UK & World News
'UK To Fund' Scots Athletes After Independence
The Scottish government has said its athletes will not lose out on funding if they enter future Olympics and World Championships as an independent team following a 'Yes' vote in the forthcoming referendum.
The sporting impact of independence will be thrown into sharp focus when Scottish athletes march behind the Saltire at the opening ceremony of the Commonwealth Games in Glasgow today.
Should Scotland vote for independence, Scottish teams will become a fixture of major events, entering future global events as discrete teams and ending the highly successful association with Team GB.
Scots made up 10% of the record-breaking British team at London 2012 winning 13 medals as individuals or part of teams. They included gold medals for Andy Murray, Sir Chris Hoy and Katherine Grainger.
The funding implications of independence for sport are uncertain, but Scotland's Secretary for Sport Shona Robison told Sky News she would negotiate to secure a "fair share" of current UK Sport funding as part of the independence settlement.
Scottish athletes will receive around £37m for the next summer and Winter Olympics and Paralympics from UK Sport, which will distribute £373m to British elite competitors over four years.
"We are entitled to a share of UK Sport funding because it is part of UK government funding, just as we would look to negotiate a share of defence spending and foreign affairs spending," Ms Robison said.
"We would want a share of that UK Sport funding to support Scottish Olympic and Paralympic athletes. We have also already set out that we would like the Lottery to continue as it does. We contribute our fair share to the Lottery, perhaps slightly more, so we will seek for that to continue."
Ms Robison's position is likely to be challenged by the British government and UK Sport, which currently has no contingencies for independence and says its funding is preserved for Team GB athletes only.
Funding is determined on the basis of talent rather than on share of population, a formula that Ms Robison and her colleagues will have to challenge as part of the negotiation.
UK Sport chief executive Liz Nicholl told Sky News that independence would weaken both Team GB and Scotland.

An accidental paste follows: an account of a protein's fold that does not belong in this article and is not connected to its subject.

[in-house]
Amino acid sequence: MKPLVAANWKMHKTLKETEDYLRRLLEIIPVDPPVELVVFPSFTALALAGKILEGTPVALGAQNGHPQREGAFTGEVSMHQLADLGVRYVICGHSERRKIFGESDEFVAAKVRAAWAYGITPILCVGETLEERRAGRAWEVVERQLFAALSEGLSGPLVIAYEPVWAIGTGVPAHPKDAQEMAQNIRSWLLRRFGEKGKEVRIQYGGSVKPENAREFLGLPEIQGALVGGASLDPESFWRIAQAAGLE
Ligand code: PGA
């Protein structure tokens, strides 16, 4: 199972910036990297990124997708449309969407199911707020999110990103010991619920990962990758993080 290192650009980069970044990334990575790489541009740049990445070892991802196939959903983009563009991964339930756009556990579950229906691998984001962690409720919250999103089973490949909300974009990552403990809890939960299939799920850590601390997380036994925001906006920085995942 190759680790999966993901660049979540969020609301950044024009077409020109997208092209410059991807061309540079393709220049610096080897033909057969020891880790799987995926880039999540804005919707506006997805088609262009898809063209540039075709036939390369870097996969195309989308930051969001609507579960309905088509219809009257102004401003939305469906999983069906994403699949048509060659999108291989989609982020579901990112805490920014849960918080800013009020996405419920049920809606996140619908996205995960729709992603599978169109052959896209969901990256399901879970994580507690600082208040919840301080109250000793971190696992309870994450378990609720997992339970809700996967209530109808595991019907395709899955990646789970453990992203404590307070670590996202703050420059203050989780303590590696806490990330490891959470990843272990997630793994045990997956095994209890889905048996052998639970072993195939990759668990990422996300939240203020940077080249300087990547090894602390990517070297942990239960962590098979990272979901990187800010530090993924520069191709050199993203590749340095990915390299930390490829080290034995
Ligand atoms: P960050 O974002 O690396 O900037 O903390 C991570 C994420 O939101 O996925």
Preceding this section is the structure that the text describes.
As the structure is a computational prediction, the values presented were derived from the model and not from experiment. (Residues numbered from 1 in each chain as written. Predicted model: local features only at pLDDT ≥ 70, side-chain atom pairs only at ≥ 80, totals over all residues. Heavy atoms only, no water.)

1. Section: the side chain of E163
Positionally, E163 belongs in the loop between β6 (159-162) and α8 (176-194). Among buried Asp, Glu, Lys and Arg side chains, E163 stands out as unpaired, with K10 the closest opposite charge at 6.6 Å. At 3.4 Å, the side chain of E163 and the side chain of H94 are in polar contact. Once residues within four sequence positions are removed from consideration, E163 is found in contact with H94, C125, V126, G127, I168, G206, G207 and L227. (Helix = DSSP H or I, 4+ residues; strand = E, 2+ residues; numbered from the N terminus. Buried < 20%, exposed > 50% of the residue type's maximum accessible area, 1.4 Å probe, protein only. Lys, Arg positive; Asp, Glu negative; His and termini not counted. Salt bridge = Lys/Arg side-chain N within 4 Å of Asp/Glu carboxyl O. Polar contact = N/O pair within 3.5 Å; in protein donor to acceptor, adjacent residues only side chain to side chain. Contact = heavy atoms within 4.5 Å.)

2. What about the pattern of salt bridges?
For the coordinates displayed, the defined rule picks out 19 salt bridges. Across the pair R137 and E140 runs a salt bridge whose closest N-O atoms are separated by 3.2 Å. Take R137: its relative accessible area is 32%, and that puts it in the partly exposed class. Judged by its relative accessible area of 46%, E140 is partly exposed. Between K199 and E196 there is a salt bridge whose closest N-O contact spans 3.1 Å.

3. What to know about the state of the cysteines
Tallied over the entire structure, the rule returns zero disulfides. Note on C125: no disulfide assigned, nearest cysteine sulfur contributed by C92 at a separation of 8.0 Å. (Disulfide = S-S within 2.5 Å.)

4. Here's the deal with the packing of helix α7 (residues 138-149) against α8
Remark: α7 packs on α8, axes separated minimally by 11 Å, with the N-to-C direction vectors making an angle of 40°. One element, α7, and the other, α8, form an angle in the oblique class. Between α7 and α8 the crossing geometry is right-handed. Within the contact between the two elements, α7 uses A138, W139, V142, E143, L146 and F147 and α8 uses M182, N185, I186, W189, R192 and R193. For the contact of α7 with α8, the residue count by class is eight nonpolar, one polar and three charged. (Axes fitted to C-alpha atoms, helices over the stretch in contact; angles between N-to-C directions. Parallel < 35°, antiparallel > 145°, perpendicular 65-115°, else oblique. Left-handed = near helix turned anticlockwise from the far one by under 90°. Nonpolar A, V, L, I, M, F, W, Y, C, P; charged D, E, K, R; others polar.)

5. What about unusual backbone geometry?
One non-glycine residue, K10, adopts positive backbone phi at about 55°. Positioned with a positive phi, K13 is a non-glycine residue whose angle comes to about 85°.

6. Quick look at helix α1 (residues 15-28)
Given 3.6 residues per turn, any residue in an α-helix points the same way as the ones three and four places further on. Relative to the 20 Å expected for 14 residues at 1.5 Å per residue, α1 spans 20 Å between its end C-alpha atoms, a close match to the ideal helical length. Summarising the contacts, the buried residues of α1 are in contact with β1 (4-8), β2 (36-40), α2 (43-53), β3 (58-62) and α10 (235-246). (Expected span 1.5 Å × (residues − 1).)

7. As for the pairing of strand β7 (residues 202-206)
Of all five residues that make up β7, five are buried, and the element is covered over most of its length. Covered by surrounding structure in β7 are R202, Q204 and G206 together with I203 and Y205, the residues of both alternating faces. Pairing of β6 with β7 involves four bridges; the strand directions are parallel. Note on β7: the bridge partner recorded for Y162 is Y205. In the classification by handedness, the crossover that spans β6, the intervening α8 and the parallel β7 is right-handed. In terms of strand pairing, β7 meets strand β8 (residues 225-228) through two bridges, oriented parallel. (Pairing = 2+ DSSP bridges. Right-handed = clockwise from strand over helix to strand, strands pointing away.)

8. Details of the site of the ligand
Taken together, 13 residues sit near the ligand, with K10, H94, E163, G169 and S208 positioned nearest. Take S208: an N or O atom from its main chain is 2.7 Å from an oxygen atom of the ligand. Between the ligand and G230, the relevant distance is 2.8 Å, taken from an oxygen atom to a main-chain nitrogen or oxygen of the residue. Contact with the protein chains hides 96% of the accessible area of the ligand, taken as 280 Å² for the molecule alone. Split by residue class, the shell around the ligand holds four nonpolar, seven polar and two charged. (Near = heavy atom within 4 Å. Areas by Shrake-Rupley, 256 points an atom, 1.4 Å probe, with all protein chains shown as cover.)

"Certainly to start with Scottish athletes would win fewer medals if they were outside the British high-performance system, and Team GB would win fewer medals as a result of losing that Scottish expertise."
Scottish athletes who have previously competed for Team GB, or those with dual nationality, will be able to choose between competing for Team GB or Scotland. For athletes like Grainger who were part of an Anglo-Scottish team, it could be difficult decision.
Sir Craig Reedie, a Vice President of the International Olympic Committee and former chairman of the British Olympic Committee, said athletes were likely to follow the funding.
"My experience is that athletes tend to follow the funding and Scottish athletes have been very very well catered by the very substantial, huge amounts of funding that was available to Team GB, and it might be that the emphasis might be on maintaining British representation," he said.
Mr Reedie said that while Scotland would have no difficulty in creating a National Olympic Committee recognised by the IOC, the protracted negotiations that would follow a 'Yes' vote mean it would be unlikely to be able to compete in time for the Rio 2016 Games.
"The recognition of a National Olympic Committee by the IOC follows recognition of† an independent nation recognised by the international community. In terms of Rio I think it is a bit tight. It's about athletes qualifying, and above all it is a political process,"he said.
Ms Robison insisted she was confident Scotland would compete independently in Brazil.
"I am absolutely convinced we will be in Rio, I am sure we will. If there is a democratic yes vote then I am sure we will be recognised on the international stage as an independent nation. That would not be an issue."